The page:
As risk-bearing entities (Health Plans, ACOs, IPAs, etc.) continue to advance in value-based care (VBC), one area they can’t afford to overlook is the importance of adhering to an in-network referral system for specialized practitioners. For any given patient, medical needs will arise that their regular primary care physician (PCP) can’t fulfill. For example, if a patient is suffering from back pain that is not getting better with conservative treatment, their PCP would likely refer them to an orthopedic specialist more singularly focused on diagnosing and treating back problems.
Under VBC, PCPs have numerous incentives, including financial incentives, to comply with keeping specialist referrals in-network. In spite of this, an alarming number of them fail to adhere to keeping referrals in-network.
In a 2018 survey of healthcare executives, 38% of participants attributed out-of-network specialist referrals to existing personal relationships between PCPs and those out-of-network specialists. If a PCP knows a specialist that’s an old friend from medical school, for example, they’re prone to prioritizing that existing relationship over the in-network status of a specialist they don’t know personally when it comes to referrals. It’s logical on some level that PCPs would want to refer their patients to specialists they can vouch for, but it still begs the question: Why are physicians actively referring their patients to out-of-network specialists, in spite of their many incentives to do otherwise? There are three likely explanations for why this occurs. Their network:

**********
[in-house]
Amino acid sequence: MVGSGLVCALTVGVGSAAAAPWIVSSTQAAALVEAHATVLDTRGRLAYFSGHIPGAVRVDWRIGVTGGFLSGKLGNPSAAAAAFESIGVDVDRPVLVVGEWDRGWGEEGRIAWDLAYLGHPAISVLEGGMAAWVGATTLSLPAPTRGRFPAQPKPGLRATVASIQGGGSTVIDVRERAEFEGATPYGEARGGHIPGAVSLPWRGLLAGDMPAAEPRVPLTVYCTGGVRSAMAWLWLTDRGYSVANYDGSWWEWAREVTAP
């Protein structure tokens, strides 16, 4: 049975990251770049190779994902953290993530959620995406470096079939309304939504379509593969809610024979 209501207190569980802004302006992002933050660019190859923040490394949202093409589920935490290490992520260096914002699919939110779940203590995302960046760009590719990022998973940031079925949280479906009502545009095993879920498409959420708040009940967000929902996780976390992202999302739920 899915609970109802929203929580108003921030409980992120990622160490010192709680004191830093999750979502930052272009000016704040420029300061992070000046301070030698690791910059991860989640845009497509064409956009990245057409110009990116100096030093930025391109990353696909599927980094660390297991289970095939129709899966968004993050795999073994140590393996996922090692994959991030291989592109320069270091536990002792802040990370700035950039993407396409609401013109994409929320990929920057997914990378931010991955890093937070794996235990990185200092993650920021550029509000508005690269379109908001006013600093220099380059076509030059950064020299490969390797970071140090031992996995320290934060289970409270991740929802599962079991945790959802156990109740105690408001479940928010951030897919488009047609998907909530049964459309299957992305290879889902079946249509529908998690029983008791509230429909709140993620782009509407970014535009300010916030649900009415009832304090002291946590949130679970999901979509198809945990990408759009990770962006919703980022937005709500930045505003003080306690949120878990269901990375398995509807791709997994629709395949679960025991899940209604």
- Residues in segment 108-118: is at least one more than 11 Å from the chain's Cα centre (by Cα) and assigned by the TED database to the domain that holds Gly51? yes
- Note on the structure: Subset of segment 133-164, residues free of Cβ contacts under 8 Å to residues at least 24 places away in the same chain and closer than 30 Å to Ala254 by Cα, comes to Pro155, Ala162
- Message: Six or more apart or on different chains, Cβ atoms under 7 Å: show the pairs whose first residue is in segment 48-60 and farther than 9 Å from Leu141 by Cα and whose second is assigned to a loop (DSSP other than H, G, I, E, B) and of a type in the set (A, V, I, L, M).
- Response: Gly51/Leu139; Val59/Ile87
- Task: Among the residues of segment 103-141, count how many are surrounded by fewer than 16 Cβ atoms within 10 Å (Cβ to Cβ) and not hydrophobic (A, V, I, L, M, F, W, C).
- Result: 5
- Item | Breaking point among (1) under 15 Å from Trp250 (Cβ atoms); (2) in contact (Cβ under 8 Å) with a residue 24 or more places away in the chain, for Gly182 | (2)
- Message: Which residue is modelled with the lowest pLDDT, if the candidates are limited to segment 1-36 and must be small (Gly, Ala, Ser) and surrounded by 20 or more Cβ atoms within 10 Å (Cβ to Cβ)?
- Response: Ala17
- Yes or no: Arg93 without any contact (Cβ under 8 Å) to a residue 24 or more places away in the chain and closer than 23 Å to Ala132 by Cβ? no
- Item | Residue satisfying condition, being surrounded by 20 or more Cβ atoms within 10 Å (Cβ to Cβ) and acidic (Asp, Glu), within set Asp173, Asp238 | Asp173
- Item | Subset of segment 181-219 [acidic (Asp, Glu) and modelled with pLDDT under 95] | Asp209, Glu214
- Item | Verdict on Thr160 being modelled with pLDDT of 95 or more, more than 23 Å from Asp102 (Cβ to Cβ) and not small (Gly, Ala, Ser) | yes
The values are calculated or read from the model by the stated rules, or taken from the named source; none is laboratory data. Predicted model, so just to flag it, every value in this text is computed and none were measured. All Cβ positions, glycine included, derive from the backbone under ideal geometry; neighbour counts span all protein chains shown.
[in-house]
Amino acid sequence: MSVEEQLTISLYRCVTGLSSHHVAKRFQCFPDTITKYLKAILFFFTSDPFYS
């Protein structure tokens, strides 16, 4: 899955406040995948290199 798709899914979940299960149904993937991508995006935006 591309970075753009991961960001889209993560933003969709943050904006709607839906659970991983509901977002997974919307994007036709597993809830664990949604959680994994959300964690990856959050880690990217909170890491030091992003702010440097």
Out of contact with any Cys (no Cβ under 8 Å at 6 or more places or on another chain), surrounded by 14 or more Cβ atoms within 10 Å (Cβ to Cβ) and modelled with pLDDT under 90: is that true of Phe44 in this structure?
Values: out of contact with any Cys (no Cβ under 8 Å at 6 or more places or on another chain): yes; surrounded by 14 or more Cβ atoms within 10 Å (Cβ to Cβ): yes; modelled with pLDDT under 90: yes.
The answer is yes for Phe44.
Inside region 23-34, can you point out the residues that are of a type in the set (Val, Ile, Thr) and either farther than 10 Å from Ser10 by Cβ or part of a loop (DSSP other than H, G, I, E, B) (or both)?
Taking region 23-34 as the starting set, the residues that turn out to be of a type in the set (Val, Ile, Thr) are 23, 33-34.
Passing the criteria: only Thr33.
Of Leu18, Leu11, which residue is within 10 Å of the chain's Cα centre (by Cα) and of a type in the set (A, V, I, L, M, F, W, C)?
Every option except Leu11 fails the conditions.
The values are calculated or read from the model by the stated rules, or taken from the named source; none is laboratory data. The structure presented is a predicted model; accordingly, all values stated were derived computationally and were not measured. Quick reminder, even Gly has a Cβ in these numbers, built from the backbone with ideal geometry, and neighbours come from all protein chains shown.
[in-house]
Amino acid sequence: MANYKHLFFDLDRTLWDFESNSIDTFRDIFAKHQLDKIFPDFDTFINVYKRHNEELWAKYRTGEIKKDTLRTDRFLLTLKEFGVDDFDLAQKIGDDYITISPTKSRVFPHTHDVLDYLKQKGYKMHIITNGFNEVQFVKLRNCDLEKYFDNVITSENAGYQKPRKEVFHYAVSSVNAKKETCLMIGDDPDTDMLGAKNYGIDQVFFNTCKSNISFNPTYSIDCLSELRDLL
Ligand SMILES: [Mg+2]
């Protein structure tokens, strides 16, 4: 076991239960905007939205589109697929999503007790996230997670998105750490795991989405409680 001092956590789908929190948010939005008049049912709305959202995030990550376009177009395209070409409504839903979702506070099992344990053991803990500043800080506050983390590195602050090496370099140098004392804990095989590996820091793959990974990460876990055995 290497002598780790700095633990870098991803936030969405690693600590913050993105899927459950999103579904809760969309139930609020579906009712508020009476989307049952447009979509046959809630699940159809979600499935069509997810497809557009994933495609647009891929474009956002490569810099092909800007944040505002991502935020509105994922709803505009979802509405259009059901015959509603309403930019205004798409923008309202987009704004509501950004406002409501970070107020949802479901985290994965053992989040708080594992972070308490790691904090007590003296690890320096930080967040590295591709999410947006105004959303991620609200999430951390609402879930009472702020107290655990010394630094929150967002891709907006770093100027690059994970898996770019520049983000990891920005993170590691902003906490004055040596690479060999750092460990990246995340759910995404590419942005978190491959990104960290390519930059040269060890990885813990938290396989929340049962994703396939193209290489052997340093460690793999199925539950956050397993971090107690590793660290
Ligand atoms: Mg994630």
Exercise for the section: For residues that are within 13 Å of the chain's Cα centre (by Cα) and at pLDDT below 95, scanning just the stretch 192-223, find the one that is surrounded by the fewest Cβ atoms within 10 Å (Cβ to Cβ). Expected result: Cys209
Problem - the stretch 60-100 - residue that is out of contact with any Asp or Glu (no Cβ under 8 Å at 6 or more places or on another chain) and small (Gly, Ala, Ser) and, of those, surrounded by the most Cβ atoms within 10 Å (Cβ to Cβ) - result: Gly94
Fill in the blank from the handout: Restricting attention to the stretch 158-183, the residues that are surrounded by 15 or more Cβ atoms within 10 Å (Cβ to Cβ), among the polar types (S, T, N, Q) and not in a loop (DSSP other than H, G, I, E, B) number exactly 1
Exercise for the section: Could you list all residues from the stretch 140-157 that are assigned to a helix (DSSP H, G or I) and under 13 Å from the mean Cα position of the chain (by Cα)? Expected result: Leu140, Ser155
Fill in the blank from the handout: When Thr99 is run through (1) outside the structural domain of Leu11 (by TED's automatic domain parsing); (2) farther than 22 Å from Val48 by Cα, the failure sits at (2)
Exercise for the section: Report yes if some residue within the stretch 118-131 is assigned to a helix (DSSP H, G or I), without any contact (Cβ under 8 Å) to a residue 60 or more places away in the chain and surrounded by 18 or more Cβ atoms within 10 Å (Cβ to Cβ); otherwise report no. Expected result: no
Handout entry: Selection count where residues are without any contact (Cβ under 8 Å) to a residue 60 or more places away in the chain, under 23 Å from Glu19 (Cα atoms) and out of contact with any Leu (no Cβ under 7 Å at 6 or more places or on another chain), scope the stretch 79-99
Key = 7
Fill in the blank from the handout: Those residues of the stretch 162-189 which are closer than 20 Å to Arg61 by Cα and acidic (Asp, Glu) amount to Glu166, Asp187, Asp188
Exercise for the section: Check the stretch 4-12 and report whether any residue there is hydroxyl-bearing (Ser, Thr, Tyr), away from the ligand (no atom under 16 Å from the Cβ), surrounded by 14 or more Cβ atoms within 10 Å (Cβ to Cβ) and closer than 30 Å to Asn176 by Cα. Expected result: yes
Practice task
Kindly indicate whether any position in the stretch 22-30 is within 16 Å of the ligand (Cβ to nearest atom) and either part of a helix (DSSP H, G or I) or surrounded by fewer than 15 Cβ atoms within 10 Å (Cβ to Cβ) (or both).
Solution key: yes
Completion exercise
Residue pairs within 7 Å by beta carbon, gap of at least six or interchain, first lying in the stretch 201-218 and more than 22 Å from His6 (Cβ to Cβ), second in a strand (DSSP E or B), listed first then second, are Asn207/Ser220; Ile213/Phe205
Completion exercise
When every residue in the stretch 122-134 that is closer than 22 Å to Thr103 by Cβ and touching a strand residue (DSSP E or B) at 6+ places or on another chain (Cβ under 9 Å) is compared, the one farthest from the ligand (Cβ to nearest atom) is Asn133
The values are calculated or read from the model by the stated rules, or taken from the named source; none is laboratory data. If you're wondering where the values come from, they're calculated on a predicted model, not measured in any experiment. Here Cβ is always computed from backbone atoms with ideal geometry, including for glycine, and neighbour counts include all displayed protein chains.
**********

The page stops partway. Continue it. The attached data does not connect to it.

- Lacks high-quality specialists in core disciplines
- Isn’t placing enough emphasis on the importance of your physicians to refer patients to specialists inside of your network
- Has the right specialists, but they aren’t visible or accessible enough to your PCPs
Thankfully, there are advanced solutions designed to make sure that all involved parties are following the right protocols without having to do any extra heavy-lifting. Providing readily available and searchable in-network specialist providers to PCPs is key. Having access to these advanced solutions is just part of the equation, as any in-network referral system can only succeed if the importance of in-network referrals is clearly communicated to those PCPs. Above all, demonstrating the extra costs to the ACO and the provider of out-of-network referrals will help PCPs maintain better discipline to refer in-network.
Having a mechanism to monitor PCP compliance with in-network referrals is absolutely necessary for your network to achieve success in VBC. It’s equally important to leverage that same technology to make sure that patients are also complying and attending their referral appointments.
When the right processes for in-network specialist referrals are put in place and then followed correctly, it benefits all involved parties. Administrators succeed when their network returns high rates of referral compliance. The provider succeeds by fulfilling the appropriate incentives under their VBC contract. The patient succeeds by maintaining their own continuity of care and assuring that they receive the most attentive and responsive care that their network and their providers can provide.